I always dreamed that if I ever got a DSLR camera, the first picture I took would be the Holy Grail of pictures. It would be the most beautiful picture I ever took in my entire life! I would show this picture to my family and friends, their jaws would drop open, while their eyes feasted on the most beautiful picture they ever saw.  They would look at me with eyes wide open and think, “Wow! She’s a natural-born photographer!” I would smile and beam and be a proud of my first DSLR picture.  It would be such a grand  picture it would go viral and its vibrant colors would flash across computers around the world! Well, it didn’t quite turn out that way. Oh yeah, jaws will drop open upon seeing this picture, and people will indeed contemplate my skills as a “photographer,” but not in the way I hoped. Sigh…here’s the picture:

Bad Buttons Pic

Wow, what happened?  If you’re wondering if my dog is okay, yes she is. I did think I flashy-thinged her and though perhaps I wiped out her memory after she got hit with that bright white blinding flash – and thankfully she can still see!  Yikes.

There is good news, besides my dog being okay. I’ve been practicing since I took that picture and I’m getting better already!!! One thing I like about My Big Fat New Camera is the controls are very user-friendly and I have a feeling the picture you see above is the worst picture this big fat new camera will ever take.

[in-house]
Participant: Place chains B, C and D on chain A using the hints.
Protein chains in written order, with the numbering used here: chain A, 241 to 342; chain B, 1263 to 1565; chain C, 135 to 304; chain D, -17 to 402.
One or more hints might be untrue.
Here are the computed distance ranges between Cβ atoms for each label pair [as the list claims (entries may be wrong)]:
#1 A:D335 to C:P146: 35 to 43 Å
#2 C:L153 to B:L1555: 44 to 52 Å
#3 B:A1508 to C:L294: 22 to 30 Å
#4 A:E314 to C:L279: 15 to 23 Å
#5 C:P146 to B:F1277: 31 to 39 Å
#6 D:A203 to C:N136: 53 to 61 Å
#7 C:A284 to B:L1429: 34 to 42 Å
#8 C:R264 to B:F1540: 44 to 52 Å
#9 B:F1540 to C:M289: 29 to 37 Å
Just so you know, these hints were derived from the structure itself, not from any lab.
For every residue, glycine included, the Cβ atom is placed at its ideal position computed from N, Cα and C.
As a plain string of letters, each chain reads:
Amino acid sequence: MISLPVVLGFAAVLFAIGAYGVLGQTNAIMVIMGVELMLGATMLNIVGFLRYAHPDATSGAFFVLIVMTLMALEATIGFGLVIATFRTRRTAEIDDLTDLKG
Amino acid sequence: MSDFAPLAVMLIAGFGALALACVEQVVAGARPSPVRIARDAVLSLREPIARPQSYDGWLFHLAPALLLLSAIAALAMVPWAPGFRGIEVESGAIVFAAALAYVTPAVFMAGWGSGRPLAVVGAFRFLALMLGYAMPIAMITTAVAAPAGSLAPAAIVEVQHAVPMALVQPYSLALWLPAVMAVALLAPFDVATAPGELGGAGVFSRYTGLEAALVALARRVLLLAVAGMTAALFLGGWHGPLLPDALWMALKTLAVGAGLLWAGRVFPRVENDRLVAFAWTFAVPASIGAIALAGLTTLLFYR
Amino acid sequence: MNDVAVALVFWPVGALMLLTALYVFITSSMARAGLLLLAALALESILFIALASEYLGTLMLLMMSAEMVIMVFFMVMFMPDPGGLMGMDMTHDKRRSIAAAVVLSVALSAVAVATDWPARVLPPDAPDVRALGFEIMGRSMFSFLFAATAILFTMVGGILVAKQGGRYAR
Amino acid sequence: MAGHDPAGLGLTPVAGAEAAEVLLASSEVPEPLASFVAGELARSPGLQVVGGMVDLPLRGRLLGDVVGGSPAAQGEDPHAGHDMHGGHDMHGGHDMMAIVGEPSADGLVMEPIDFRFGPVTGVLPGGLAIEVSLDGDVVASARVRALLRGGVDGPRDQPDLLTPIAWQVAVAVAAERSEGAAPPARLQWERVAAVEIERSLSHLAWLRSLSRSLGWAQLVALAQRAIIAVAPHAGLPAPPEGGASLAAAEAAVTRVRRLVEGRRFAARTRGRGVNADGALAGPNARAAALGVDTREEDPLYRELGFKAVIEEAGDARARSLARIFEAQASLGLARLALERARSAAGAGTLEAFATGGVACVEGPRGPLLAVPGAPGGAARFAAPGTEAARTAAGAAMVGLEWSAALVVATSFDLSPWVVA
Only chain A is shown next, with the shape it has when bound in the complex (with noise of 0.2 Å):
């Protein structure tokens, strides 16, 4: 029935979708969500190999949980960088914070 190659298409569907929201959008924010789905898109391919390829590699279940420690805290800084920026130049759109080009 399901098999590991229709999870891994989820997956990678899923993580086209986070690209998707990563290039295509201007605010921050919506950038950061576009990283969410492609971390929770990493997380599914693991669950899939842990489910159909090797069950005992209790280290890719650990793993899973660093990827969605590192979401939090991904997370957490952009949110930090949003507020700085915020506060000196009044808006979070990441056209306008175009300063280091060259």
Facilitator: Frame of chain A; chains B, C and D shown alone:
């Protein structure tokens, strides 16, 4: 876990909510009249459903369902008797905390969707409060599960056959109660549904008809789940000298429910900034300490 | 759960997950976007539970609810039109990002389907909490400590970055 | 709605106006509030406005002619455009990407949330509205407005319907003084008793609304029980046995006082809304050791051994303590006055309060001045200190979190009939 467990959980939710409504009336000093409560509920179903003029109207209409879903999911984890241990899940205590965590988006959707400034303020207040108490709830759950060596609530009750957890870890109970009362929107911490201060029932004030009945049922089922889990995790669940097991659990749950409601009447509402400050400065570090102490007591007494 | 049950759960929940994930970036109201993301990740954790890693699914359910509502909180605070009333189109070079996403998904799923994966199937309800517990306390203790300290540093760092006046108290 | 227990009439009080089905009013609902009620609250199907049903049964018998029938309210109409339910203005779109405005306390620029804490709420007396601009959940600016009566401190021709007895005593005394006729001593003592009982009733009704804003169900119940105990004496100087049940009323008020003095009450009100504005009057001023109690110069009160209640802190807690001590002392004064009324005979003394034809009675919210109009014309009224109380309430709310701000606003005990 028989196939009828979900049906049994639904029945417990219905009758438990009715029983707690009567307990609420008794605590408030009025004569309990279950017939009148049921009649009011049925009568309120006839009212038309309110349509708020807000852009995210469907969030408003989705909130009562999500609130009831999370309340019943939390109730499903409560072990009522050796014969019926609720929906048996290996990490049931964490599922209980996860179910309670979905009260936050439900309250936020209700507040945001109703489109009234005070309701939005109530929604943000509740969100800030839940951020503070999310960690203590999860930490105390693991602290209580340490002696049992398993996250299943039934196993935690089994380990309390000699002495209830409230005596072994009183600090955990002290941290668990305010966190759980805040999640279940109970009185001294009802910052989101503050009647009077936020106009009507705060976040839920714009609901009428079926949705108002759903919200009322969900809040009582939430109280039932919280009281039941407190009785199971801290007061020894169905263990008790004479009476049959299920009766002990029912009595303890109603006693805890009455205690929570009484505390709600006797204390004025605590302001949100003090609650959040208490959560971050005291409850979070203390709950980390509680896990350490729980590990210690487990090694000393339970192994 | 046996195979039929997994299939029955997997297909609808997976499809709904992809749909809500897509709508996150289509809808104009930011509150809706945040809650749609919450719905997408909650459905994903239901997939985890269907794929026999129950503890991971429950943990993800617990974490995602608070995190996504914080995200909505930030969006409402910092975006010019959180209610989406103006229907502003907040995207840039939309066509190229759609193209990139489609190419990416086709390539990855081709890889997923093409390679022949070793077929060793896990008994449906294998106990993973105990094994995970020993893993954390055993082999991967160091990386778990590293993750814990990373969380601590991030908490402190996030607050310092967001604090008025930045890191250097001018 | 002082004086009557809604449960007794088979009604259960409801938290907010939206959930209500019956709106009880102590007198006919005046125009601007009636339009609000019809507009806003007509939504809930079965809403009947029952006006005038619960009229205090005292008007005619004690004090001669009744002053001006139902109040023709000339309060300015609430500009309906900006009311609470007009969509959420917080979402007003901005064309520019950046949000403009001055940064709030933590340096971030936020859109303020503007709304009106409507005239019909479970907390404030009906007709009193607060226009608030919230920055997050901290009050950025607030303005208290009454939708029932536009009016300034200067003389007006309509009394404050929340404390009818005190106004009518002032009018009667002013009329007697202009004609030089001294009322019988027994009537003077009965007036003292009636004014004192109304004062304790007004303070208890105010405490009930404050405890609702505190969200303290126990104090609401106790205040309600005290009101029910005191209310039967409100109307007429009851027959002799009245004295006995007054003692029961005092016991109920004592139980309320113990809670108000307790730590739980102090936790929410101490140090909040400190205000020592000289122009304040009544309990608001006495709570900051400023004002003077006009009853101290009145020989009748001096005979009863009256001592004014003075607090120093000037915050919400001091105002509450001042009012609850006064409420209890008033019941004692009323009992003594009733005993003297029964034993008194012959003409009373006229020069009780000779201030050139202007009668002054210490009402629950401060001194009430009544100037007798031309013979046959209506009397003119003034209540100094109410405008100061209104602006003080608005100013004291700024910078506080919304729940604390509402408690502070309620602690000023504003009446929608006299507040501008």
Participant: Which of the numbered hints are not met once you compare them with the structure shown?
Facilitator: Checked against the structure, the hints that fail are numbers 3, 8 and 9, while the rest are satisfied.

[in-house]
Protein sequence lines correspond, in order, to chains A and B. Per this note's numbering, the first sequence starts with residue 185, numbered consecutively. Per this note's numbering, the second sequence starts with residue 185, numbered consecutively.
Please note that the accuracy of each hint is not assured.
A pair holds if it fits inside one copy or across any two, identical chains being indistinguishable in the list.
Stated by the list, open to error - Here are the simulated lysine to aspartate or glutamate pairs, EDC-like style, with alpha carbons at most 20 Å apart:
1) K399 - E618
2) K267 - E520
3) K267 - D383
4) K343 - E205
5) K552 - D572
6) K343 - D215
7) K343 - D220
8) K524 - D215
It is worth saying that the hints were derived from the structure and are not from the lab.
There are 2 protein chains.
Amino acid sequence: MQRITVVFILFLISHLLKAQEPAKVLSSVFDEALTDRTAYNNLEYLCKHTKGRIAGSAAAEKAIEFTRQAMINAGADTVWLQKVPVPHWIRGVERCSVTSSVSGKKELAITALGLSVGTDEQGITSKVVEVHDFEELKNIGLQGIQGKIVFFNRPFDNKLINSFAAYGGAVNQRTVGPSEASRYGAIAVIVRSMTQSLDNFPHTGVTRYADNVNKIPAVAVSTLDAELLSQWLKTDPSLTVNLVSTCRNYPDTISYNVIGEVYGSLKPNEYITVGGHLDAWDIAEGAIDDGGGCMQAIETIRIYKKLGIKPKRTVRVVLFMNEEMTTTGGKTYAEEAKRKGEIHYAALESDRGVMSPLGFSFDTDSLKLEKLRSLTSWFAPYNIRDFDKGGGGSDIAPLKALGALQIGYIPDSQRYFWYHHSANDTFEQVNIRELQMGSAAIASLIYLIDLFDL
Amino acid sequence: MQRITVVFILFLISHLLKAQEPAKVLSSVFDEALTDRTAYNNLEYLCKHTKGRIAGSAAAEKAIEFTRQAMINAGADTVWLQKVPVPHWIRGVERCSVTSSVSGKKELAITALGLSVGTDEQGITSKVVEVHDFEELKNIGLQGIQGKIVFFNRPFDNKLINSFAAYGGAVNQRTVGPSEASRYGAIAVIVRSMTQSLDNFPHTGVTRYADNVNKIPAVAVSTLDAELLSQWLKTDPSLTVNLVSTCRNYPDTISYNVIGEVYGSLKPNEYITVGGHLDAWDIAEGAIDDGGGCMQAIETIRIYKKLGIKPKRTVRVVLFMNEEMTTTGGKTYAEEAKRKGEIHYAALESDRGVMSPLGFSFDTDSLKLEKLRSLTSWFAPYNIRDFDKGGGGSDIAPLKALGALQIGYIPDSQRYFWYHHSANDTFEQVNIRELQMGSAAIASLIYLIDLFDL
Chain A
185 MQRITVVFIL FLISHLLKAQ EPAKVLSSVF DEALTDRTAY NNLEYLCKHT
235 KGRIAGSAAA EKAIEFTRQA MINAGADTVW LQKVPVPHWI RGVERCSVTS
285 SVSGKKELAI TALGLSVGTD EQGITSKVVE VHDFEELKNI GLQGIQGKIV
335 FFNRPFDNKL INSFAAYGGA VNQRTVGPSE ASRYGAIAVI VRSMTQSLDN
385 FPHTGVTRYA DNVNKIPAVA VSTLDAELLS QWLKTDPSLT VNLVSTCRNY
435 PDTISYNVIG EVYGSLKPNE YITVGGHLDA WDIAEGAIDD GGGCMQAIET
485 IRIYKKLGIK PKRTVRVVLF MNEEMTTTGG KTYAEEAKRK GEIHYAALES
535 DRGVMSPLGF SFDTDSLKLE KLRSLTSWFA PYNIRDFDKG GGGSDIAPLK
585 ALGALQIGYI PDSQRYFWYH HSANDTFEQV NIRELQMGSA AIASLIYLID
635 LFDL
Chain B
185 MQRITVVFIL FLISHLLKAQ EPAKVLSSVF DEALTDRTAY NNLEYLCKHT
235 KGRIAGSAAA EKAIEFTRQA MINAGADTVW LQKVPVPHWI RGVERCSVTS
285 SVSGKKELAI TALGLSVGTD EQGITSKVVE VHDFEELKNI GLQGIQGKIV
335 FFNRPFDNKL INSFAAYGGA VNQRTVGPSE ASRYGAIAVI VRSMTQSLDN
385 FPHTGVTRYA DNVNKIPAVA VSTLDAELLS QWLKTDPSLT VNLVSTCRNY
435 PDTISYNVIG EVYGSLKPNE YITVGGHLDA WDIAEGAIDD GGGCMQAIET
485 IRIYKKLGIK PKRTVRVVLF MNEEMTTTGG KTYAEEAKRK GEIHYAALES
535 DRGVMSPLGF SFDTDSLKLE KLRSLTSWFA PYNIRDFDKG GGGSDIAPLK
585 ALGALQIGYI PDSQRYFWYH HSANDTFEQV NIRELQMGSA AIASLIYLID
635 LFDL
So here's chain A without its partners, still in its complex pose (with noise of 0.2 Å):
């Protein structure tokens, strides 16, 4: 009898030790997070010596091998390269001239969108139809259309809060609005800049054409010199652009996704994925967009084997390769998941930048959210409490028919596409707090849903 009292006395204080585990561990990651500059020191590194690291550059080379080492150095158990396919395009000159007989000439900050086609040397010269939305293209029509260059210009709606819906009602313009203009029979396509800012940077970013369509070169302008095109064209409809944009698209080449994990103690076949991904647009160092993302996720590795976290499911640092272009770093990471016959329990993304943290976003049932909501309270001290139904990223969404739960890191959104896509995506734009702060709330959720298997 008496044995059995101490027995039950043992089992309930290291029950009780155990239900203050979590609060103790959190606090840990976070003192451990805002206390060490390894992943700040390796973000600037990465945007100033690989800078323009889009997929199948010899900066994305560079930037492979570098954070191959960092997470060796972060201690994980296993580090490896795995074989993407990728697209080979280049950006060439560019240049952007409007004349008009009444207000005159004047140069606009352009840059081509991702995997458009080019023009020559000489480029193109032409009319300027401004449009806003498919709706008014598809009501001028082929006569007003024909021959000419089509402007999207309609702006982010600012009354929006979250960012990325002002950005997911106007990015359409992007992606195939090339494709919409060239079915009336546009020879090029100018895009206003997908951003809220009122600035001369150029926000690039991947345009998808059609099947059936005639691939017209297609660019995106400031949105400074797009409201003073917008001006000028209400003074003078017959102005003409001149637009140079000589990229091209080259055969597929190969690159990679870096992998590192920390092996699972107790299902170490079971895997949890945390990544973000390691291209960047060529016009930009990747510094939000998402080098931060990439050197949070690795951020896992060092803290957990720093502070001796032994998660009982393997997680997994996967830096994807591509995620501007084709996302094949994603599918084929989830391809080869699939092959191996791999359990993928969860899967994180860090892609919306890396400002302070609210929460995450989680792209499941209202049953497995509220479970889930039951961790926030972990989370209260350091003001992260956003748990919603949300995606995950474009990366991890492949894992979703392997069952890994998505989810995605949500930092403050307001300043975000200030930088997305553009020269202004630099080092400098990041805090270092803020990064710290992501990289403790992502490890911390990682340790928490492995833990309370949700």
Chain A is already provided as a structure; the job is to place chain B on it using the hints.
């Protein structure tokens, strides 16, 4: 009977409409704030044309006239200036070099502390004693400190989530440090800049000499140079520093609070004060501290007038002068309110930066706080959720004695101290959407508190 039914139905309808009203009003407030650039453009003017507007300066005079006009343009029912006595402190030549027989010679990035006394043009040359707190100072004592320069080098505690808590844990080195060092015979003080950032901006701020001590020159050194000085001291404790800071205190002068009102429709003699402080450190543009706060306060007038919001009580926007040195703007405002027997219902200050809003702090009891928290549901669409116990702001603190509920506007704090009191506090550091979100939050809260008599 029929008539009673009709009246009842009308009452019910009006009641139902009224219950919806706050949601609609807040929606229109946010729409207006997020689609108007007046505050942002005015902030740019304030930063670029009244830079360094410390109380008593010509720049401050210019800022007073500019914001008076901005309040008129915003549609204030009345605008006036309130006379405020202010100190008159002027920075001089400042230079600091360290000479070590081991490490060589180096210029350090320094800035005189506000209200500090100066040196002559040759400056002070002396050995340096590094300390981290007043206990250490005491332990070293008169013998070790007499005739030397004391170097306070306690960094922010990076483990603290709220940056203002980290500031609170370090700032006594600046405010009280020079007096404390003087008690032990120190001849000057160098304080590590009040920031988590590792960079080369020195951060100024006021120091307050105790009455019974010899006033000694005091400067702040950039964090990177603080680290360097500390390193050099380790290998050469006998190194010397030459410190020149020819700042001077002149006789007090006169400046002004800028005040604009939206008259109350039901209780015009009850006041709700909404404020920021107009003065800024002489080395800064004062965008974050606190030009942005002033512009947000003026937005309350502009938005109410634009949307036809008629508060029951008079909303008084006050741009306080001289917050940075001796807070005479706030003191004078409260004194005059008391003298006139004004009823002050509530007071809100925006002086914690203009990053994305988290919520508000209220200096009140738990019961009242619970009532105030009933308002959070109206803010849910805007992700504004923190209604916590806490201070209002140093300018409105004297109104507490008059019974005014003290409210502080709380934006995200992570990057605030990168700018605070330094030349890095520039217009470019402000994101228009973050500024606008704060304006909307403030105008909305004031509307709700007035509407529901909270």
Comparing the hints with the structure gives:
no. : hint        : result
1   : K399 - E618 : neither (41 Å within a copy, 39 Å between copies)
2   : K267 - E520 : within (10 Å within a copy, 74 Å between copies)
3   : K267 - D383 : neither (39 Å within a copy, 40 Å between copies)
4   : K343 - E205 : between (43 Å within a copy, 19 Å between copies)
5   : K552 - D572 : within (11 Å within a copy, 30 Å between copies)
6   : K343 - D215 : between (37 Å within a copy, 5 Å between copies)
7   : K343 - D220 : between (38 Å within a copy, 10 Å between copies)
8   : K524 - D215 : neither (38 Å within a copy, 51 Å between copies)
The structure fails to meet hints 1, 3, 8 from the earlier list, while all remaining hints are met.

I can’t wait to share them with you! Here is a picture I took on the fly today (pun intended). I was trying to photograph a few birds in my yard today and I looked up and saw this plane flying over and I quickly snapped this picture. It’s not crystal clear, but I don’t know…It’s the best airplane photo I EVER taken in my life. Oh, I’m going to really like My Big Fat New Camera – a lot!

Small Plane Pic

My Big Fat New (but cheap) Tripod

Well, today I found out there is a whole lot more to photography than just My Big Fat New Camera and I will be talking a lot about that over the next few posts. Today, I used a tripod for the very first time, or…ummmm…at least I tried to use a tripod for the very first time. You would think this is a simple no brainer thing to use, but it wasn’t. (My Big Fat New Camera wasn’t harmed in any way – only what’s left of my pride!)